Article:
The crux of Appel’s philosophy is that employees are not driven by the idea of top-line company growth. Instead, companies become more profitable when workers are satisfied with their jobs and feel "love, hope and purpose". This, in turn, leads to happier customers because employees are more engaged.
For Appel, this is one of three bottom lines: revenue, employee satisfaction, and environmental targets.
Credit: Deutsche Post DHL Group
Appel has a PhD in neurobiology and previously worked for McKinsey, a management consultancy firm, where he developed his managerial outlook.
He describes globalisation as "the biggest peacemaker on this planet"—which puts an almost humanitarian slant on one of the world’s biggest international couriers. If that doesn’t quite convince, it’s certainly true that DHL has heavily promoted its own corporate social responsibilities during Appel’s tenure.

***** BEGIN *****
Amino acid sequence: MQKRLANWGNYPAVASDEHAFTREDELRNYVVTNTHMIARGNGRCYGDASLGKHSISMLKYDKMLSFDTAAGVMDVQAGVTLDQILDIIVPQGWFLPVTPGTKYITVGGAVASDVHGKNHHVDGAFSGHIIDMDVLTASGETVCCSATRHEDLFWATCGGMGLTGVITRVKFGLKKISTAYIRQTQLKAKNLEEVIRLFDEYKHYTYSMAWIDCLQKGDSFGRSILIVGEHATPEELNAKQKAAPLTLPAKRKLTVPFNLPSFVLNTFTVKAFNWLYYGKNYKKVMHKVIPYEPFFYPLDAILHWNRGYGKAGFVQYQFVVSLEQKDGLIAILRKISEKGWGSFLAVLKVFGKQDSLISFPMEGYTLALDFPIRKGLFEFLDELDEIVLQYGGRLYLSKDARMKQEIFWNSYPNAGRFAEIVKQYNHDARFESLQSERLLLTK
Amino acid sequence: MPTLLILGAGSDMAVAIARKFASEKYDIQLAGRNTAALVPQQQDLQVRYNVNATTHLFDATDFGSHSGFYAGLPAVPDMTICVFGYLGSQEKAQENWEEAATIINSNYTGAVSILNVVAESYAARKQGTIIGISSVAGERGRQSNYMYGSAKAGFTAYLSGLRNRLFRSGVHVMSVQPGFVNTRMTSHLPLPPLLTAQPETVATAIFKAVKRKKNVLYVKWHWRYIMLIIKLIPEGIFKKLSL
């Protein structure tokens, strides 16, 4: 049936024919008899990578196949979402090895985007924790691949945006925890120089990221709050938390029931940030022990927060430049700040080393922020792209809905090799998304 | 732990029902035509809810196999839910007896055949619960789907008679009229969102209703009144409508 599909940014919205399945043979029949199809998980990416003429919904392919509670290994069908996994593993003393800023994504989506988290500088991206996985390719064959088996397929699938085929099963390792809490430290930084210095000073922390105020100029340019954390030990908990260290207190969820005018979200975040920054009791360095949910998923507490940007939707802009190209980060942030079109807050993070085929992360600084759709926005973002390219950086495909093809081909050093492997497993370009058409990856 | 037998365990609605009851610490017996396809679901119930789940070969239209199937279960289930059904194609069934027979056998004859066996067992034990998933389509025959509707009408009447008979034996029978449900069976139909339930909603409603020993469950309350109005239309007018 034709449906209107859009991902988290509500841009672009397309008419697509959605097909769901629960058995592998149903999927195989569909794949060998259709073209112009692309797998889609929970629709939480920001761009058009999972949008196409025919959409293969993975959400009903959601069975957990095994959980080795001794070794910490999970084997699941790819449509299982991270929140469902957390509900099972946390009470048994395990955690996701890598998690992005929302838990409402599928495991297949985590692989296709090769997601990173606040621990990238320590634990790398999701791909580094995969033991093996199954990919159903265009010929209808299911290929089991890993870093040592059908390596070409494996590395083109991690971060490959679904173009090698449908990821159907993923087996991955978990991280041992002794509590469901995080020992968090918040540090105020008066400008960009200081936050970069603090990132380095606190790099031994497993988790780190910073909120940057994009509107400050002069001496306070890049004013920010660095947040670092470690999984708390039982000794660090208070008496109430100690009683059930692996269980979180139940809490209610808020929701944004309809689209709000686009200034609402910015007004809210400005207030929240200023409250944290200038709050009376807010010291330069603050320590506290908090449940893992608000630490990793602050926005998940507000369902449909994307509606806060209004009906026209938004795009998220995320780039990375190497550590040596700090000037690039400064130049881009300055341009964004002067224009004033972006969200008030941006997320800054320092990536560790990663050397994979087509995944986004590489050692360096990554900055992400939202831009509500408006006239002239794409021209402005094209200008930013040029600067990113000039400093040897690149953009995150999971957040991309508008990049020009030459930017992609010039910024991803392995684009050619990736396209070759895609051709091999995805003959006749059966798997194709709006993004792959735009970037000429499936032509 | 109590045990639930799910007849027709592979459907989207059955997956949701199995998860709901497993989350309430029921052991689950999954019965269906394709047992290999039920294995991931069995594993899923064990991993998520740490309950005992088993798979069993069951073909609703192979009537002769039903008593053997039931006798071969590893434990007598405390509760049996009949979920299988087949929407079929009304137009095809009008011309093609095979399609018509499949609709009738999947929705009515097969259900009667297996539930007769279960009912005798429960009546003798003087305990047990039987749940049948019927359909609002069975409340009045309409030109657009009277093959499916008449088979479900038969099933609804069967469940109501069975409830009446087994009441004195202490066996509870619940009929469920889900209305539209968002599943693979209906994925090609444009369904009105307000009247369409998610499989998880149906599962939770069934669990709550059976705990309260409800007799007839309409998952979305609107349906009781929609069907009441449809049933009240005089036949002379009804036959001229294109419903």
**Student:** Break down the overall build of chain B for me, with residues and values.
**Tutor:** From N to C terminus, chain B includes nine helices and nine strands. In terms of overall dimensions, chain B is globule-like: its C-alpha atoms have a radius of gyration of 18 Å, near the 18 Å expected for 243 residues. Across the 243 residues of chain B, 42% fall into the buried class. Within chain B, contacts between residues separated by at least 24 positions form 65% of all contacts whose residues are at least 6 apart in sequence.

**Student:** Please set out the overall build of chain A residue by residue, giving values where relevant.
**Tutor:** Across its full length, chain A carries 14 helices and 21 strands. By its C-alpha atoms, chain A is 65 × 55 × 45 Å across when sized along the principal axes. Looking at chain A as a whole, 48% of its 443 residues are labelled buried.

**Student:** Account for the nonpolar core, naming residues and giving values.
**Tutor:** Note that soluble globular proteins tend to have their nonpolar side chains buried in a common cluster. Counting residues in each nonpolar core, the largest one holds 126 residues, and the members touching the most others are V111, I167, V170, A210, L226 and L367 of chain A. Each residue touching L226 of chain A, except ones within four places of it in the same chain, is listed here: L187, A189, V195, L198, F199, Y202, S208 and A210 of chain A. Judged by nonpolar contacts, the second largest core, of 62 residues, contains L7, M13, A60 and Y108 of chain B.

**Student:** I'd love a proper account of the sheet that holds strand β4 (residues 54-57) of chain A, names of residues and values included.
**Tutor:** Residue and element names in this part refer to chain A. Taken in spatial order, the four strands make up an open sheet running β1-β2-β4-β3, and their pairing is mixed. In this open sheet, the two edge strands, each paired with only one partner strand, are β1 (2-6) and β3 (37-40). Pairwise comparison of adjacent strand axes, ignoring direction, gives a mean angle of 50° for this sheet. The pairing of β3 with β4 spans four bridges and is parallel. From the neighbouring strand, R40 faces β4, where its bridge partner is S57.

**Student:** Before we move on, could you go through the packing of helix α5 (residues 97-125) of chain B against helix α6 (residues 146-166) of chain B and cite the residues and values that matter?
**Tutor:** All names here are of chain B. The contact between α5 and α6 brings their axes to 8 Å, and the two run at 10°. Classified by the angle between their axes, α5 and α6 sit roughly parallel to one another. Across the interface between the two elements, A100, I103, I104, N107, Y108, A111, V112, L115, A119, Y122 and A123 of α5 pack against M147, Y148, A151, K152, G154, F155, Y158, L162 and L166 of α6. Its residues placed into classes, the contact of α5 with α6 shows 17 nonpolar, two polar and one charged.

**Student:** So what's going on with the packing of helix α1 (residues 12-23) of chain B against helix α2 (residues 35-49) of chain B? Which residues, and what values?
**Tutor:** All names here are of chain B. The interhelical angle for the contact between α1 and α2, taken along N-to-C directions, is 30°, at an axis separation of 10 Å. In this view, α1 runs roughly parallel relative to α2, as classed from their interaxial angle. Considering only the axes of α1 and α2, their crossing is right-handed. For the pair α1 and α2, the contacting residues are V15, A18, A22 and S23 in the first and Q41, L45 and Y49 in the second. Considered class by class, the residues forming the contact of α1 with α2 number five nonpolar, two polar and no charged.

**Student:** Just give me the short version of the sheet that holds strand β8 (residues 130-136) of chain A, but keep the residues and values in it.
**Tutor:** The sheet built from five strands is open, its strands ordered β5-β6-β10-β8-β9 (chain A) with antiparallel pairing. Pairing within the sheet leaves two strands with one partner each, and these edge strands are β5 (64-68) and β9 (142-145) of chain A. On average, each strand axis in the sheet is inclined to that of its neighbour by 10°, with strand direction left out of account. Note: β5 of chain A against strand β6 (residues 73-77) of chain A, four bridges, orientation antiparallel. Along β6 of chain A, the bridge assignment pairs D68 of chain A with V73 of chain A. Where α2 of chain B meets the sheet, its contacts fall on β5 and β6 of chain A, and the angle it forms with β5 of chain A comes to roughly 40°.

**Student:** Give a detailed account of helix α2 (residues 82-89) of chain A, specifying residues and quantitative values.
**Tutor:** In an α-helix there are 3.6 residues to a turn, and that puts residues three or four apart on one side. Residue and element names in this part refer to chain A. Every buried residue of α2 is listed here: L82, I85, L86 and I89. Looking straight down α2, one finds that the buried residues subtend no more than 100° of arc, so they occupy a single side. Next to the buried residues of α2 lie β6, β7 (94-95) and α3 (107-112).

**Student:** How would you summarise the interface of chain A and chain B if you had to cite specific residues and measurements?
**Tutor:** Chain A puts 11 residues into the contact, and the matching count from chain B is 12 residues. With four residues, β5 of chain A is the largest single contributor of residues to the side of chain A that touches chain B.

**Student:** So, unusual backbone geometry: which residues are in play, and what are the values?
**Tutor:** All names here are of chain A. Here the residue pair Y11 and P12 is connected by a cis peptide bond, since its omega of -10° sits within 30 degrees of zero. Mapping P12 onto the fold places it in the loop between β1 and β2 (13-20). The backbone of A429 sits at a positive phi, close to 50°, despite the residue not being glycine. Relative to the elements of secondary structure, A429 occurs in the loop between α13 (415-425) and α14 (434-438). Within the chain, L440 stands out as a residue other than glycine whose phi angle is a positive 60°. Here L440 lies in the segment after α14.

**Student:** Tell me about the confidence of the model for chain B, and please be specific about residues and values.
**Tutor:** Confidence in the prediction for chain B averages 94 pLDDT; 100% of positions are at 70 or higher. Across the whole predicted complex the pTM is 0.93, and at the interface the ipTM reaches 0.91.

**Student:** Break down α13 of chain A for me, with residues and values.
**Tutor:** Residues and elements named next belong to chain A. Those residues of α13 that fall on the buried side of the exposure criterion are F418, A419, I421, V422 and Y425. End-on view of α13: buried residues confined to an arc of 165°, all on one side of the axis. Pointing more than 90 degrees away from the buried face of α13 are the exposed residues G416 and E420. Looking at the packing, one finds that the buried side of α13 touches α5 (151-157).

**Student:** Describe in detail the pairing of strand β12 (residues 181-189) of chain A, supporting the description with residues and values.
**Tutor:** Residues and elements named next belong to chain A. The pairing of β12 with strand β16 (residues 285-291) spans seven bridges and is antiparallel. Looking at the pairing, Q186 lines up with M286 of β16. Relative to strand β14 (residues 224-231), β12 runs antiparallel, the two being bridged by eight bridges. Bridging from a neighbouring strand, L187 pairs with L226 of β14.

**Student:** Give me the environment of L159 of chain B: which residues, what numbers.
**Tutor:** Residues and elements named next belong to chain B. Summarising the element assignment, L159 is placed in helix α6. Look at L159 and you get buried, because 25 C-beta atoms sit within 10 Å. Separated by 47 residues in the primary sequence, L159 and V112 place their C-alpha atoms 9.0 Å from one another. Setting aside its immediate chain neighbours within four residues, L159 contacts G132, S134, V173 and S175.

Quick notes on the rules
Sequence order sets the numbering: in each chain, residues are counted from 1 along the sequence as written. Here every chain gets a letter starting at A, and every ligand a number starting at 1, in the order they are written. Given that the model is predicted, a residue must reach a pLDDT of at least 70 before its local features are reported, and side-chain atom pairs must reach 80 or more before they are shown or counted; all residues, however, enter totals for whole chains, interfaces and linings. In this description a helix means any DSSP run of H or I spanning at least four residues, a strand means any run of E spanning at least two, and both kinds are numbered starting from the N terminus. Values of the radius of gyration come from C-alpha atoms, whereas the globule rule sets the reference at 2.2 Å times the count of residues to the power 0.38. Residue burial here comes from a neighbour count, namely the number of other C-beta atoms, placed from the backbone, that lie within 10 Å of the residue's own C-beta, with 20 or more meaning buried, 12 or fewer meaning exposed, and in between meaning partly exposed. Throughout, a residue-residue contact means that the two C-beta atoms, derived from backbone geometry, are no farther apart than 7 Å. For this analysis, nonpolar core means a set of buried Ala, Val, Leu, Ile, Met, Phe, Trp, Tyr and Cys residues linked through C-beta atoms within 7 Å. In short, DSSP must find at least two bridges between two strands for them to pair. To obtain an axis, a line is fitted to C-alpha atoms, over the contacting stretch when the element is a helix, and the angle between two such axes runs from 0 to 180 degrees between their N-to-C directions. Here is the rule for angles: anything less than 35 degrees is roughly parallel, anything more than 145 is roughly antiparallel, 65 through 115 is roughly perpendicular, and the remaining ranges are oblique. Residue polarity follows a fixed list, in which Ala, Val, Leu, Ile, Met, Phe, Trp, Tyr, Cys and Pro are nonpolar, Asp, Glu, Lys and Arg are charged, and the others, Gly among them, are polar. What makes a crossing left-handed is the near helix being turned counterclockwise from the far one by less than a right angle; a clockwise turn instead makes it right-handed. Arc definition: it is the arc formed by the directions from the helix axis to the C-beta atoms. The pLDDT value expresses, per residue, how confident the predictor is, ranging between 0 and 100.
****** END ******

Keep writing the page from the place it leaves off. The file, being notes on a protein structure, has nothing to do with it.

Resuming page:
Alongside an employee satisfaction survey launched in 2009—in which 75% of DHL employees said they felt engaged, up 60% from when Appel started—Appel has launched three major initiatives: Go Teach, which educates disadvantaged young people; Go Help, a collaboration with the UN to help with crisis response; and Go Green, the ambitious goal of reducing DHL logistics’ carbon emissions to zero by 2050.
"We cannot say, listen, ‘Our strategy is to make money and if we have time left then we’ll do something which is good for the society’," Appel told the Financial Times.
"Our job is to do something good for the society, and to do that we have to make money, otherwise we can’t continue to invest."